One day we trolled across the bay (apprx. 3 nm) to do the jungle dinghy ride and it was quite the adventure.  We had to pull the dinghy across the sand bar during an ebbing tide and in the process I stepped on a freaking sting ray!  It was a weird feeling because I was pulling the dinghy and then I stepped on something leather-like and definitely NOT sand and then it SWAM out from under my foot!  I jumped in the dinghy much to the schegrin of the mermaid but then pulled myself together and soldiered on into the estuary.  

We motored all the way up the crocodile-infested river until the mangrove forest was touching both sides of the dinghy.  After some skilled manuvering and a few broken branches we made it to a huge beautiful lagoon and the end of the line.  Past the abandoned palapa, there was a fence blocking access to the beach.  Our friends (with apparently very poor judgement) decided to walk past the fence to go swimming in the ocean.  We stayed back and had lunch.  Good thing we did because they were escorted back by two armed security guards and almost got arrested!  We all made it out of the jungle safely and both dinghies were still inflated – a victory for sure!

The last night in Tenacatita Bay was spent anchored amongst 15 other cruising boats in the NW corner of the bay.  We spent the whole afternoon cleaning the bottom and boot stripe on the boat.  Oh, and I finally have a serious regret or more accurately a serious mistake I have made: NOT PUTTING BOTTOM PAINT ON THE BOOT STRIPE!!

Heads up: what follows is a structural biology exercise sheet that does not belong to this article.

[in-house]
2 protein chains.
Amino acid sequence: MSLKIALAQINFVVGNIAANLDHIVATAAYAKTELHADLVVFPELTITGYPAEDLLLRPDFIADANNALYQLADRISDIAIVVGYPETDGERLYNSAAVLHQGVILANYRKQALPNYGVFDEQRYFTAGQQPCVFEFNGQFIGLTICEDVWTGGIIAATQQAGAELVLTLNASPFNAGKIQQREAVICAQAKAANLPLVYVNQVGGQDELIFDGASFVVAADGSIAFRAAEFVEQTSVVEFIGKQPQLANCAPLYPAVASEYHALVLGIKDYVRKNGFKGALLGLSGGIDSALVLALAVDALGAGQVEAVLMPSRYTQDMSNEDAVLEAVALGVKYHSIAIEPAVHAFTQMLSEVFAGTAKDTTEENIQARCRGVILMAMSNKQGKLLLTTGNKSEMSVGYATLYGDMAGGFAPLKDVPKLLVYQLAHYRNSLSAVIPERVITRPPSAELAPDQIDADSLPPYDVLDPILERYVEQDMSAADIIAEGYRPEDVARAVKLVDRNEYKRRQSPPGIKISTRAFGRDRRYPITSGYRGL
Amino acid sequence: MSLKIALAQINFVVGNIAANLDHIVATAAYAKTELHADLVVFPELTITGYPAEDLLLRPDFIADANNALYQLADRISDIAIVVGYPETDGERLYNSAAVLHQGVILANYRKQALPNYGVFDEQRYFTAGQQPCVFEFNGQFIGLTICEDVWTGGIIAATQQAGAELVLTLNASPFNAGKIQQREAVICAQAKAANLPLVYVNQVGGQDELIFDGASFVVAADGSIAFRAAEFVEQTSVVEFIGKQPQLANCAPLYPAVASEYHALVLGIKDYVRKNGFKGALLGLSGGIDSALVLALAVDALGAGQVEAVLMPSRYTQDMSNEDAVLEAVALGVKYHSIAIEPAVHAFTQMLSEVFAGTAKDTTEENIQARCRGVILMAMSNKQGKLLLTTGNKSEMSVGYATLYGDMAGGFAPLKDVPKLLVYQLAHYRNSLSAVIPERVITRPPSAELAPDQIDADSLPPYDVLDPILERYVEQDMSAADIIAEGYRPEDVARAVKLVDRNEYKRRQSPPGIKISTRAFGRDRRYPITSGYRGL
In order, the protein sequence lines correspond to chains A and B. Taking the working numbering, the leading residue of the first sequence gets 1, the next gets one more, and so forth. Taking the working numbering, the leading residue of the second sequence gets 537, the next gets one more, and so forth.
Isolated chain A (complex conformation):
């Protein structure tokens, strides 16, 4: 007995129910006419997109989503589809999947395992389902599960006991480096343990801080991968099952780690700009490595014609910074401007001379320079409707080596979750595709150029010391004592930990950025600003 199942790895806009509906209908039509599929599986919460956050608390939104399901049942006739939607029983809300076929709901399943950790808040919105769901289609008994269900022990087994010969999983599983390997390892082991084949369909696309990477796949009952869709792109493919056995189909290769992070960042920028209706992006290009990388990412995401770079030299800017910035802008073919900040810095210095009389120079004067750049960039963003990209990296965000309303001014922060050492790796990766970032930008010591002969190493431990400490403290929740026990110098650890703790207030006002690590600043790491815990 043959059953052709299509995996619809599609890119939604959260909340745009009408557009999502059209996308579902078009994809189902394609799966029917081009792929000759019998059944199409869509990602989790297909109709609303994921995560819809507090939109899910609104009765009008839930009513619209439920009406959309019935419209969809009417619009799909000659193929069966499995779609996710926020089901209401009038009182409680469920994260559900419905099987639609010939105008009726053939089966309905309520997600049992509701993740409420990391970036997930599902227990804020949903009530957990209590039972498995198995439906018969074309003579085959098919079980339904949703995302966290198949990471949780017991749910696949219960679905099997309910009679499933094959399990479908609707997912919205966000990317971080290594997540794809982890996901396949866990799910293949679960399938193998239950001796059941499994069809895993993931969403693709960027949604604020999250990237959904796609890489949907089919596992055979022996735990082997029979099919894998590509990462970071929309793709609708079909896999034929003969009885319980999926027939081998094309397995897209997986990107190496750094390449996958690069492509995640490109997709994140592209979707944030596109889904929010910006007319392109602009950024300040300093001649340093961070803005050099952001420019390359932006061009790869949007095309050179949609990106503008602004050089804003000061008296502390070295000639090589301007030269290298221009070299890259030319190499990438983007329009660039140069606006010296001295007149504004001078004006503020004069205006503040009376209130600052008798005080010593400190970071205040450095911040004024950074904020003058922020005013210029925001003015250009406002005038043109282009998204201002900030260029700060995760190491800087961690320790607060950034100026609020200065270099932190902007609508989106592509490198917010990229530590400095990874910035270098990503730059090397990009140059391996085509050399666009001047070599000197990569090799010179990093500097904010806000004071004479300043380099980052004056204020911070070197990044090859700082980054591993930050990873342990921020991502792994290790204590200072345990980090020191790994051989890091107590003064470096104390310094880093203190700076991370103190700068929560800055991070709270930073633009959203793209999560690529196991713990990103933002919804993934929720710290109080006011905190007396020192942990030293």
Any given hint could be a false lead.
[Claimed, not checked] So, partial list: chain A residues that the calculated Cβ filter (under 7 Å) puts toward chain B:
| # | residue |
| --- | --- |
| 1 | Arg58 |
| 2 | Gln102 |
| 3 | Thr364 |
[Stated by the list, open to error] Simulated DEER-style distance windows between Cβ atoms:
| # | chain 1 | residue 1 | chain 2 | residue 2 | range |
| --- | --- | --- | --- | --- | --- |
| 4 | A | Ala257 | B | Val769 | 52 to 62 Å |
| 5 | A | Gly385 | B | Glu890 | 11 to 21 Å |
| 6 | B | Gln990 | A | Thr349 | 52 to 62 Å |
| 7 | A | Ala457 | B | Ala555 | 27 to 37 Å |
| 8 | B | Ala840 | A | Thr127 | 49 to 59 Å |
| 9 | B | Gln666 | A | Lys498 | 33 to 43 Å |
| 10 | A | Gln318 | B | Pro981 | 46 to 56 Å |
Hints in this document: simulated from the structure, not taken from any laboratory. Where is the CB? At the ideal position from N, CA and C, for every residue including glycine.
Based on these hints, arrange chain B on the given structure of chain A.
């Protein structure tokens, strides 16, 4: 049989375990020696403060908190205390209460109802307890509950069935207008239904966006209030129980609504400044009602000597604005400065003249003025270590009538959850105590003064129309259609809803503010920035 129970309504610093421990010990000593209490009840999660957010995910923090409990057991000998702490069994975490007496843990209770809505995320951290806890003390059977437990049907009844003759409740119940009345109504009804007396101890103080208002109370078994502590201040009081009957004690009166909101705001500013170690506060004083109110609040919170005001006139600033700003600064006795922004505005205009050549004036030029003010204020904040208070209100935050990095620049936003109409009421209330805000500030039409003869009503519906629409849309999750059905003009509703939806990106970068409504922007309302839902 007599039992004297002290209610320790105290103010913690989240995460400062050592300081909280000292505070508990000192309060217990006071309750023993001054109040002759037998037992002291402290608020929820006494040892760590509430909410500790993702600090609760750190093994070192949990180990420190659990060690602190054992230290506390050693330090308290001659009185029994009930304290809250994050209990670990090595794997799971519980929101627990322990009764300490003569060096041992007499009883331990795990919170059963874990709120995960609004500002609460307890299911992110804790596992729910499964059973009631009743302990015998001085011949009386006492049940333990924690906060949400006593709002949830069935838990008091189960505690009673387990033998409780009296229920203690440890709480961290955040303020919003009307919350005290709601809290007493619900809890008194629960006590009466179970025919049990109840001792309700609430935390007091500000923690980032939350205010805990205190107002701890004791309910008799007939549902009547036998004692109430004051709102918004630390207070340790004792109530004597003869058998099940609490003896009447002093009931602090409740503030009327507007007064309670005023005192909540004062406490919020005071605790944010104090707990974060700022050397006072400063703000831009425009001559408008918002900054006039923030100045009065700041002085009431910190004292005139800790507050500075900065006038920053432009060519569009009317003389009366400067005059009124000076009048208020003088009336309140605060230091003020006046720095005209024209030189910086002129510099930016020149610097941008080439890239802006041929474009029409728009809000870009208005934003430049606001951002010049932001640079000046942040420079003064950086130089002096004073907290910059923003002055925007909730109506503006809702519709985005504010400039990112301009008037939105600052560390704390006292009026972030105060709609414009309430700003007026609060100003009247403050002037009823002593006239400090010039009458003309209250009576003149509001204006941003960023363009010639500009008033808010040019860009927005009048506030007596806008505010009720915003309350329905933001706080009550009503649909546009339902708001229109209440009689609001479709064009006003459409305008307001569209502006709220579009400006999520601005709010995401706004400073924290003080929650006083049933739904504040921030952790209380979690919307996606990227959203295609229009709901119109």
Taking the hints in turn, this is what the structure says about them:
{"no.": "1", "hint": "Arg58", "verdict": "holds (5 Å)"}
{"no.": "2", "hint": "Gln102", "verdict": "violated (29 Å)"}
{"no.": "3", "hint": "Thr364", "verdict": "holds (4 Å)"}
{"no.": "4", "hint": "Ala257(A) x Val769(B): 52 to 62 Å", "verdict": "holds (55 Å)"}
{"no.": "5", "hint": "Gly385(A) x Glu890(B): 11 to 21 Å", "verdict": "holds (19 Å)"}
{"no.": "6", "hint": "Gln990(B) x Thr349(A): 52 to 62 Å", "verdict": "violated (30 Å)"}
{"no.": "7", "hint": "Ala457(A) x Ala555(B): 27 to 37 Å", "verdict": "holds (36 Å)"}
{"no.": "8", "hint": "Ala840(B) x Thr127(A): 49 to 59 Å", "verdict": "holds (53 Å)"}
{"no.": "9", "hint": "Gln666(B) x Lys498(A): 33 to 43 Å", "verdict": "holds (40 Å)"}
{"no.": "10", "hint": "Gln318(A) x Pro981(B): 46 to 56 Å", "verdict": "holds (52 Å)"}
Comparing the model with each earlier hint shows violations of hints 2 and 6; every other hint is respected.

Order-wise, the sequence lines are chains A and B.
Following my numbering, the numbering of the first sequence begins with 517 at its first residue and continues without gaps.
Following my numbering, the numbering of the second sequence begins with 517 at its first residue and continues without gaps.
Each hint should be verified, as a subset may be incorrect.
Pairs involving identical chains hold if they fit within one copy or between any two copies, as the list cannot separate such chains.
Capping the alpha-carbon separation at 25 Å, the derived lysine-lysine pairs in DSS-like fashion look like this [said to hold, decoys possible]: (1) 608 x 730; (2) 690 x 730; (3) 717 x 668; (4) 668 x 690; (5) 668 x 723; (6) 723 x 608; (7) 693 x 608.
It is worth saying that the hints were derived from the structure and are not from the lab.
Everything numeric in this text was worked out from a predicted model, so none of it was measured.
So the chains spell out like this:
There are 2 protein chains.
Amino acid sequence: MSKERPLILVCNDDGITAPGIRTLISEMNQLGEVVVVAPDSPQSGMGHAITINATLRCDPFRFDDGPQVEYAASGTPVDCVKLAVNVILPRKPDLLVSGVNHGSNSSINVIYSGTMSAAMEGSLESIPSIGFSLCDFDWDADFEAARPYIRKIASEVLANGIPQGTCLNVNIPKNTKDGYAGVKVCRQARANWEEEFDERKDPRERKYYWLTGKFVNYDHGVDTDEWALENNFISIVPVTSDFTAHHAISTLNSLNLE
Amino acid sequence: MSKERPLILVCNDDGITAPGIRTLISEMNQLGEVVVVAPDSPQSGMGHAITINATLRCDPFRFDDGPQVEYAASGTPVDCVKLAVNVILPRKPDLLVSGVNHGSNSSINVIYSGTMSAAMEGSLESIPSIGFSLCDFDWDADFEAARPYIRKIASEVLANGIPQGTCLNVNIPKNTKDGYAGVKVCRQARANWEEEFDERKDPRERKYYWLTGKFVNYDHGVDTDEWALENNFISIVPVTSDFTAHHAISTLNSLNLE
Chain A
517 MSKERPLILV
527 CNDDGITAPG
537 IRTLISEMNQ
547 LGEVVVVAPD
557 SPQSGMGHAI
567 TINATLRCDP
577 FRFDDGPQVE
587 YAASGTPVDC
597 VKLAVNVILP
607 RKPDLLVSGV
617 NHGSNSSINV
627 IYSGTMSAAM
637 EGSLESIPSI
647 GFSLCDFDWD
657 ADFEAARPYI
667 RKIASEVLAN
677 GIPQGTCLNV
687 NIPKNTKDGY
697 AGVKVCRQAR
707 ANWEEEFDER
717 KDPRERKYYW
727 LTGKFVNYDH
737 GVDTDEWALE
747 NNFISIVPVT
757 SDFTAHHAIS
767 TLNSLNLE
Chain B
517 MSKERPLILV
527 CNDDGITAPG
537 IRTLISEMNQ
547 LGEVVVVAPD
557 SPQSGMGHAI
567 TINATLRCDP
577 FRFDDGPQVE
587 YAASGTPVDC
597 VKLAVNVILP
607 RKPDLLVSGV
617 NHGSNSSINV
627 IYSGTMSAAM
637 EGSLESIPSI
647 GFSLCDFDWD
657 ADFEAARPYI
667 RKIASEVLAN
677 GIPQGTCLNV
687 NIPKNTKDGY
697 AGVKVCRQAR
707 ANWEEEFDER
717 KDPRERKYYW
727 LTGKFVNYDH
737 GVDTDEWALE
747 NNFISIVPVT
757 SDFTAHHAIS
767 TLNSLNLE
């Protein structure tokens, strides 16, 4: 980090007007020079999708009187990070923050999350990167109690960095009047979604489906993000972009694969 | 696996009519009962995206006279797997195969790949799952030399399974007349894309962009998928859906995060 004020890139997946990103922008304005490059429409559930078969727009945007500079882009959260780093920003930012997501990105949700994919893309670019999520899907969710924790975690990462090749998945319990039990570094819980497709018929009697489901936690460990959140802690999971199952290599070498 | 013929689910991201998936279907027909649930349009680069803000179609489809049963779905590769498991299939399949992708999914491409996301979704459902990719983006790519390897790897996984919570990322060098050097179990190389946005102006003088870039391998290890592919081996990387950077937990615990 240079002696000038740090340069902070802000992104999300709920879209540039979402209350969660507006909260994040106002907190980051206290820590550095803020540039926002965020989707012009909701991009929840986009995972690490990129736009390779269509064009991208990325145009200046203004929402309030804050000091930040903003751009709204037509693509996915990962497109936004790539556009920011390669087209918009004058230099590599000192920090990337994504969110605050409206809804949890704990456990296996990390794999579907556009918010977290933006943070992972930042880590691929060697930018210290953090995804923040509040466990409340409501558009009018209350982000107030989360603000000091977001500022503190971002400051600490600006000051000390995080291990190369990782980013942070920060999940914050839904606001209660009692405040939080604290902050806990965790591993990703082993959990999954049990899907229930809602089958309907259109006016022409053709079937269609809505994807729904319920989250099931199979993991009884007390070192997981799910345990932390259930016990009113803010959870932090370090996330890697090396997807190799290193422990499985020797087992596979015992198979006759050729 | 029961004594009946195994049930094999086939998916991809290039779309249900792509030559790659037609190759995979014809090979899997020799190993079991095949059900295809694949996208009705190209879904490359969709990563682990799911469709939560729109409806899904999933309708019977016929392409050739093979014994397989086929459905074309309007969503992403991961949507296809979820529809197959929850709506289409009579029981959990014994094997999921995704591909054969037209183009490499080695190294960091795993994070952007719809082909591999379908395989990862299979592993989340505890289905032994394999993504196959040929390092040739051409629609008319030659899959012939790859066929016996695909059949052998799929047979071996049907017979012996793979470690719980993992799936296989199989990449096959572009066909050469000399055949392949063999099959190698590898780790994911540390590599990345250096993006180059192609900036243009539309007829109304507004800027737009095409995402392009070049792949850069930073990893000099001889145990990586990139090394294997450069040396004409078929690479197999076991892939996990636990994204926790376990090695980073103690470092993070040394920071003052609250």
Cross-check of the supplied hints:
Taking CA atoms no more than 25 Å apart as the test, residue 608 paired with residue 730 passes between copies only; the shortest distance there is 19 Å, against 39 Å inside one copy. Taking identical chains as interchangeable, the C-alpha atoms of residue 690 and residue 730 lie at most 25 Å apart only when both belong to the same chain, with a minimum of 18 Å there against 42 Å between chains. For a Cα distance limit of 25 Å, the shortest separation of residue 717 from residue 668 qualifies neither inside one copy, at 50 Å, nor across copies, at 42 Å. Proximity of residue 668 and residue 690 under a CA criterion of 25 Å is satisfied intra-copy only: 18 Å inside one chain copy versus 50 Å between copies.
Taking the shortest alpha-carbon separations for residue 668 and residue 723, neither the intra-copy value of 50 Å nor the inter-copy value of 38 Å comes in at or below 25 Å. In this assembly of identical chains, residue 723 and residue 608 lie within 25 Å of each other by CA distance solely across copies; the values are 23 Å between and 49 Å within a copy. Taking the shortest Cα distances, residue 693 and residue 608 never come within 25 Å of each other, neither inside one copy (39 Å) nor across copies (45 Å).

Allow me to explain.  Unknown to me at haul out time, our boot stripe is apparently and old layer of hard bottom paint (ablative paint that repels bio fouling).  I didn’t know this when we were hauled out last summer and could have very easily put another fresh coat of paint on the boot stripe while we were on the hard.  So now I get to painfully pay for this oversight every month if not more frequently.  The warm nutrient-rich Mexican waters have created the perfect environment for a plethora of sea organisms to go crazy.  When we cleaned the boot stripe there was grass, snails, barnacles, crabs (not joking).  Oh, and the fact that we are grossly overloaded and sinking below the boot stripe doesn’t help either ;-)